Princeton physicist believes in both God and science

Bob Kaita, a physicist from the Princeton Plasma Physics Lab, does not feel he has to choose between God and science.

“Can a scientist believe in God?” Kaita asked. “The simple answer is ‘I’m standing here, so yes.”

Kaita is part of a team that performs nuclear fusion research in the hopes of finding an alternative energy process.

He traced his spirituality back to his childhood, specifically to the teachings of his parents, well-educated and devoted Christians. They taught Kaita about the natural world and God at the same time, which he said helps him switch between the world and religion, especially during his scientific studies.

Kaita pointed out that Johannes Kepler, noted 16th century astrologist, was a scientist who never faltered in his view that God was the ultimate astronomer. Kaita said this holds as proof that even at a time when science was challenging the teachings of the church, there were scientists who practiced both of their beliefs equally.

Kaita did acknowledge that, despite being a devout Christian, his mind did stray from the religious path.

“When a tube or a gasket blows, I don’t always have the purest thought in my mind,” he said. “Even believing scientists like myself don’t consciously think of God all the time.”

Using the Anthropic Principle, Kaita presented the idea that if the universe didn’t exist exactly as it does now, then humans wouldn’t be here to observe it.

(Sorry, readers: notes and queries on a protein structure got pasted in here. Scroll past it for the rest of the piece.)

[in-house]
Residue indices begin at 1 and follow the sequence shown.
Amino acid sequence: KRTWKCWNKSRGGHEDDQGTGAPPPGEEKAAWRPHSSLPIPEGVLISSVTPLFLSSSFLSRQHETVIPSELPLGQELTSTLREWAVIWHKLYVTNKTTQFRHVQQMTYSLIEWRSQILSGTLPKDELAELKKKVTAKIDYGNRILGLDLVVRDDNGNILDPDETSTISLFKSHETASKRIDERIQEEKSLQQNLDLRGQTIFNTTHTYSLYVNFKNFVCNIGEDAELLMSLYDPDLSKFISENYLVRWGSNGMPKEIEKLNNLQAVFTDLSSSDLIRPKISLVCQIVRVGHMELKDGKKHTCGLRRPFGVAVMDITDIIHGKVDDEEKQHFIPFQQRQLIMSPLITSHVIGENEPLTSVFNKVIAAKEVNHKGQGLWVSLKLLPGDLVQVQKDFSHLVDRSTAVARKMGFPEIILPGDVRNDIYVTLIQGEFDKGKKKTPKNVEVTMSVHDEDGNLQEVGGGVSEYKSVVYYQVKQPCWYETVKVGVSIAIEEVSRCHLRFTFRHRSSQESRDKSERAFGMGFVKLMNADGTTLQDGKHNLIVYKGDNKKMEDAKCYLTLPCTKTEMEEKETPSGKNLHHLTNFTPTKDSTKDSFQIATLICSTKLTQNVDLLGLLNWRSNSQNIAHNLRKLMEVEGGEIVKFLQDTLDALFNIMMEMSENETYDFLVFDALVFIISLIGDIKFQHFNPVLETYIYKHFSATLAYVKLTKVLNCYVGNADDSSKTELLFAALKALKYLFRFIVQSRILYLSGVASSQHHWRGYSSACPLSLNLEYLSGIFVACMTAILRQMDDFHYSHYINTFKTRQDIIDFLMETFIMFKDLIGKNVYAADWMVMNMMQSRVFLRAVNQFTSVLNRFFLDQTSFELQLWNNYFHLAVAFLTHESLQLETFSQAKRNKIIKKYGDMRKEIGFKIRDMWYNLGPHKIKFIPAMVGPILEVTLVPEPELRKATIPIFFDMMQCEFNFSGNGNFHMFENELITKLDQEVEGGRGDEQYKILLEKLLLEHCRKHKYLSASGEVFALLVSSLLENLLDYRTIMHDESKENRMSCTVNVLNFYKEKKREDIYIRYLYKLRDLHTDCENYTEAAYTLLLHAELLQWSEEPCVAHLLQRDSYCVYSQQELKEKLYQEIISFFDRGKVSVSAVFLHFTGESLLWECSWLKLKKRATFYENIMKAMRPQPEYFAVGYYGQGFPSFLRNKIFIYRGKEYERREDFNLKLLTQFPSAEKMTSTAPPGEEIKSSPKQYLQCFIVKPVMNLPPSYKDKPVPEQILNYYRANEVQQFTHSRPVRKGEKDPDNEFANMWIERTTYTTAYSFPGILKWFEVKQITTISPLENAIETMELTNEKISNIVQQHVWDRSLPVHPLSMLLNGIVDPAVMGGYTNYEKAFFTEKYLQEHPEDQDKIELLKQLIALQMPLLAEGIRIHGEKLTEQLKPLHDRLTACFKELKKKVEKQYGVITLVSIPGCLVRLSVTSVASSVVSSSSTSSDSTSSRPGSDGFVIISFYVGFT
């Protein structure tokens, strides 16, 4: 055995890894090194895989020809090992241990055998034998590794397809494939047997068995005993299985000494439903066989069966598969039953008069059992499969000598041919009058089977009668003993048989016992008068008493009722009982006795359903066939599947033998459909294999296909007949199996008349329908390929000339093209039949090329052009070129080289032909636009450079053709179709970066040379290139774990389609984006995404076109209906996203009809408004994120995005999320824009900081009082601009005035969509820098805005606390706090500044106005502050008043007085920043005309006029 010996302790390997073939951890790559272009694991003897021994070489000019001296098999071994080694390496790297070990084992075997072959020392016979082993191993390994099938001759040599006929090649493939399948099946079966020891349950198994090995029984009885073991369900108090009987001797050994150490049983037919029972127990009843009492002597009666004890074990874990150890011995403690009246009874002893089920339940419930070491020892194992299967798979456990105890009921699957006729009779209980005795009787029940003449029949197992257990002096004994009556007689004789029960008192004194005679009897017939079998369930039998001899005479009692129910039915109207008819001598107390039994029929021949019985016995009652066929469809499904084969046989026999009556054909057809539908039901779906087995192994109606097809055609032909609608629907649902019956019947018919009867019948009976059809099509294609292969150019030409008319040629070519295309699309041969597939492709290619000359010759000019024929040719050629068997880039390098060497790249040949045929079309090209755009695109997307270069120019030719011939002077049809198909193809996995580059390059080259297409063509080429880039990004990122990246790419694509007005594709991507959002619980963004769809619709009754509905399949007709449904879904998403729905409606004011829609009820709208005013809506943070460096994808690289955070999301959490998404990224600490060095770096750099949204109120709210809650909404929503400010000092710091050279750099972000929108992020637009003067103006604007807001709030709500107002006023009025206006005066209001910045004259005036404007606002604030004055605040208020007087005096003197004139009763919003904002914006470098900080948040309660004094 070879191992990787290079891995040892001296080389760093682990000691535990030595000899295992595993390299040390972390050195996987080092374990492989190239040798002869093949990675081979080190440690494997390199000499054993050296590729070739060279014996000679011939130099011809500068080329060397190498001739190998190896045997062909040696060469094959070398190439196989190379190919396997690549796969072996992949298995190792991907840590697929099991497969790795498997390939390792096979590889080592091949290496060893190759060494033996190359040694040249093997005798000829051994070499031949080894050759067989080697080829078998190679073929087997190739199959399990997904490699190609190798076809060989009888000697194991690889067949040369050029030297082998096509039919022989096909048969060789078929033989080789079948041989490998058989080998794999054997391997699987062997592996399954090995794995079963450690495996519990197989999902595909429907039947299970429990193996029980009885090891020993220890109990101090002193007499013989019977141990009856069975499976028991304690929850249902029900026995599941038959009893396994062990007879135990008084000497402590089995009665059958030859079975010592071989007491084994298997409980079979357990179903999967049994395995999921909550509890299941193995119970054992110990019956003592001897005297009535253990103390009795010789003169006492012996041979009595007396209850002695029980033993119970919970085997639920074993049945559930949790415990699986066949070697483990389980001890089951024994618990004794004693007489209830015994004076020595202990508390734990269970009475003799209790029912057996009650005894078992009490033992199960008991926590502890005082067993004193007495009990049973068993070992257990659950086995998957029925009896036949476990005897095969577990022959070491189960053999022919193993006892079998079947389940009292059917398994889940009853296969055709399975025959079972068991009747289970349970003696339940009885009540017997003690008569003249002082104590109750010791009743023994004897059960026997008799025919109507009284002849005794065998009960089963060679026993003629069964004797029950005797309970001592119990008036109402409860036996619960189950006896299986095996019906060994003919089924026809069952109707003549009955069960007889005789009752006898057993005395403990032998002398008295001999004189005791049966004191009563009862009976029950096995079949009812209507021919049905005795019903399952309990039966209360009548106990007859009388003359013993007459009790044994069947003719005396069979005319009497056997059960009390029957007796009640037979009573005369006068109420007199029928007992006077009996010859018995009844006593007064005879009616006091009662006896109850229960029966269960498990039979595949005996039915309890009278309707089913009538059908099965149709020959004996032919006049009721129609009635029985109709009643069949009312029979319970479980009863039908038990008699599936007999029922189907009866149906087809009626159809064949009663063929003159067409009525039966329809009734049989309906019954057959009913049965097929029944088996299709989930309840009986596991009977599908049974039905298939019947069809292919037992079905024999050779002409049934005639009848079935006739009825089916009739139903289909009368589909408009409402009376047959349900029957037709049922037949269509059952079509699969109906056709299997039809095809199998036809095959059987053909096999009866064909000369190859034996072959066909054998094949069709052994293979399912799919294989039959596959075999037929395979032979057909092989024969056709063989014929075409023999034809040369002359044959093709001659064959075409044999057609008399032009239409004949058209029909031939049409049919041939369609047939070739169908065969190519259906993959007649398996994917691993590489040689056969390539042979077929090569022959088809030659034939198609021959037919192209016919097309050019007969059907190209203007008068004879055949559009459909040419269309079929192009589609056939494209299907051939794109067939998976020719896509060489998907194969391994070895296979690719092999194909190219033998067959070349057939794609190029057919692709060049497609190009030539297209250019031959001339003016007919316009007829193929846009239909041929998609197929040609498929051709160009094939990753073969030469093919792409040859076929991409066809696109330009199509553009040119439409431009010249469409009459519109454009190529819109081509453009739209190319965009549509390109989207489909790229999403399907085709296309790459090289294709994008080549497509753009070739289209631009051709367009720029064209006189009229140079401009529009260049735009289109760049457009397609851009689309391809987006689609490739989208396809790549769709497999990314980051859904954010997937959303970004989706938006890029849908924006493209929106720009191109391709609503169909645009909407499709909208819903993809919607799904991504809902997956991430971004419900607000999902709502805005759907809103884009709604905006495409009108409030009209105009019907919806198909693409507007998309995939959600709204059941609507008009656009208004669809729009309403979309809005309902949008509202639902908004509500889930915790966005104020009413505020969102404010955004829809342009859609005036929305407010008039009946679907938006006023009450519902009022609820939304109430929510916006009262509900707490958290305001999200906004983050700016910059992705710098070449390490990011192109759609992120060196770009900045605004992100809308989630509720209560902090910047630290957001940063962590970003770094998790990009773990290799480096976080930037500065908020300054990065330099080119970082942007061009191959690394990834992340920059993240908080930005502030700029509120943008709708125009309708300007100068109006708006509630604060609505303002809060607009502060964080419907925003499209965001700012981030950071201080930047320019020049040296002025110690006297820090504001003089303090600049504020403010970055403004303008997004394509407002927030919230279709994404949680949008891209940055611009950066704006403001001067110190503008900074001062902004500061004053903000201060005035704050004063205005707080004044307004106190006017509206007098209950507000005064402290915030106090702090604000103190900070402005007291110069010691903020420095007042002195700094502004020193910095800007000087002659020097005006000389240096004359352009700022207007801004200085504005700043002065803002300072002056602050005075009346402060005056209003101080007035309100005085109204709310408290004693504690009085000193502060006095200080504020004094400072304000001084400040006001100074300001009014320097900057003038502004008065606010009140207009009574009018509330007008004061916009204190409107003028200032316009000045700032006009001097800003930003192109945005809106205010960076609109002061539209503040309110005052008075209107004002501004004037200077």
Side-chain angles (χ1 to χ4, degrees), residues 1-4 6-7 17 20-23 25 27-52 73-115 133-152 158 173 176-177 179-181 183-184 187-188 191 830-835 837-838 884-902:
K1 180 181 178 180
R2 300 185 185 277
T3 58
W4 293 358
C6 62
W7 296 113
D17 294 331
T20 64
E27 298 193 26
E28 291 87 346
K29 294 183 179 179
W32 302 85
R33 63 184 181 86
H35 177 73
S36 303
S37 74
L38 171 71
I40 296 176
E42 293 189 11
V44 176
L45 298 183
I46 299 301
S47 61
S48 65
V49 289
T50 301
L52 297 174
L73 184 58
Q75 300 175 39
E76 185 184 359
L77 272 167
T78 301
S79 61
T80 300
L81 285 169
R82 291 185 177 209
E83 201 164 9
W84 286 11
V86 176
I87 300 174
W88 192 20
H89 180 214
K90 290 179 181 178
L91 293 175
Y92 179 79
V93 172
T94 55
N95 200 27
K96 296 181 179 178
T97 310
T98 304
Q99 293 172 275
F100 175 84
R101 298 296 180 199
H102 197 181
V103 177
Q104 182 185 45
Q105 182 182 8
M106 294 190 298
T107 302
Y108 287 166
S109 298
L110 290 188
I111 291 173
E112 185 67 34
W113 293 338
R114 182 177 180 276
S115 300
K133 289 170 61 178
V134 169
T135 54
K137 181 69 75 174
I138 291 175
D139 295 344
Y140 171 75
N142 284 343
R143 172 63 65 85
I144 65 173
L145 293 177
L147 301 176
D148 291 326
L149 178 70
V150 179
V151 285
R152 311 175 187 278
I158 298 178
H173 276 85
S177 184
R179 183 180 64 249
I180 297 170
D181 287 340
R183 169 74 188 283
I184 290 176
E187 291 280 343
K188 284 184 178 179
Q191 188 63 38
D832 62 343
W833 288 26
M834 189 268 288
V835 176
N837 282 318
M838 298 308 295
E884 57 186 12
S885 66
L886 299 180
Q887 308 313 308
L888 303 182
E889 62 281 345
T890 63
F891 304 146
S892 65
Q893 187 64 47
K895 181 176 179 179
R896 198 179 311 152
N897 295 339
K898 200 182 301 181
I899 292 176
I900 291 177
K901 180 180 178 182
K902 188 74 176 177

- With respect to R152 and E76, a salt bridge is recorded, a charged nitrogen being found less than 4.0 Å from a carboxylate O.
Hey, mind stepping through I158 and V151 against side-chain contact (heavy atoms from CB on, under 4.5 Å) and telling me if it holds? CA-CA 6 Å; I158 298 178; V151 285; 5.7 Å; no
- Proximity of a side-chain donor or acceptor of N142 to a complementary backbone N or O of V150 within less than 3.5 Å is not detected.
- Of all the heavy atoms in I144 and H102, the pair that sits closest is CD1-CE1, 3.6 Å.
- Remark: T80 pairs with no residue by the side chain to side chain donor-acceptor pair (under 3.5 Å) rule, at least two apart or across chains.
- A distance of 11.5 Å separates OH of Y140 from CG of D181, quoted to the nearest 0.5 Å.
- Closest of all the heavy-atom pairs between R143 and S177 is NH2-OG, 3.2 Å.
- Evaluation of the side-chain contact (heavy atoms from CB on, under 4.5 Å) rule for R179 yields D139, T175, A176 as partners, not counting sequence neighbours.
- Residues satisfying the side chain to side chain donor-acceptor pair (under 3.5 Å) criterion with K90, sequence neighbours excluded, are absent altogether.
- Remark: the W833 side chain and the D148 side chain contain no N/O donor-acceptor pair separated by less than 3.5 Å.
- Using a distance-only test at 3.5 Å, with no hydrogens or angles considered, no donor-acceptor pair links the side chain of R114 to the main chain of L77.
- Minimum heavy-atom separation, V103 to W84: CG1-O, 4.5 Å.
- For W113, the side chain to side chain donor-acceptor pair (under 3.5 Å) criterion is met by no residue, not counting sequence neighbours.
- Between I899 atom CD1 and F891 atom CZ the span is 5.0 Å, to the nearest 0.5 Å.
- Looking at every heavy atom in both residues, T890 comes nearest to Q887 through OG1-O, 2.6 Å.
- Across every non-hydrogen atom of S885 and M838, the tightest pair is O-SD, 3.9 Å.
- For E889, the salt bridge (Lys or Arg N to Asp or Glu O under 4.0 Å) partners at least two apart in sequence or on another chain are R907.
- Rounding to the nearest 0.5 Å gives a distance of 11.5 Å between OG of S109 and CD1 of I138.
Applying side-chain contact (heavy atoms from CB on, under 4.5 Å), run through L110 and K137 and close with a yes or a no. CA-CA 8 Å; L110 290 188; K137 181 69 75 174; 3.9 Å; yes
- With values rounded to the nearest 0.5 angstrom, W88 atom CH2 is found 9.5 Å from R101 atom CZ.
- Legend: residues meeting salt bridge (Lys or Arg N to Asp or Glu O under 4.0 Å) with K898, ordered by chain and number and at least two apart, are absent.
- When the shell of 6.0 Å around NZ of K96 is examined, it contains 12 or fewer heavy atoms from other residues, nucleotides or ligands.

Kaita said scientists question the validity of God’s hand in creating the universe, and question whether or not he exists at all.

“No creator means no judgment, but also no reception at the end, good or bad,” he said. “It is (logical) for me to think that there was a creator.”

“Our logic is based on the way things are,” Paul Soon, freshman biology major, said. “I totally agree with (Kaita) . that the fact that we can look at logic points to the idea of a creator.”

While Kaita remained unwavering in his ideas about God and science, he acknowledged that strictly scientific models of thought do have their rewards.

“It’s possible that Einstein, had he not been prejudiced against the idea of God, would not have made the predictions on the universe that he did,” Kaita said.

Kaita said he told one inquiring student, if all you’re looking for is an objective view, “it’s all in the attitude.”

Instead of judging, he said, think critically and you’ll be able to see things in a completely new light.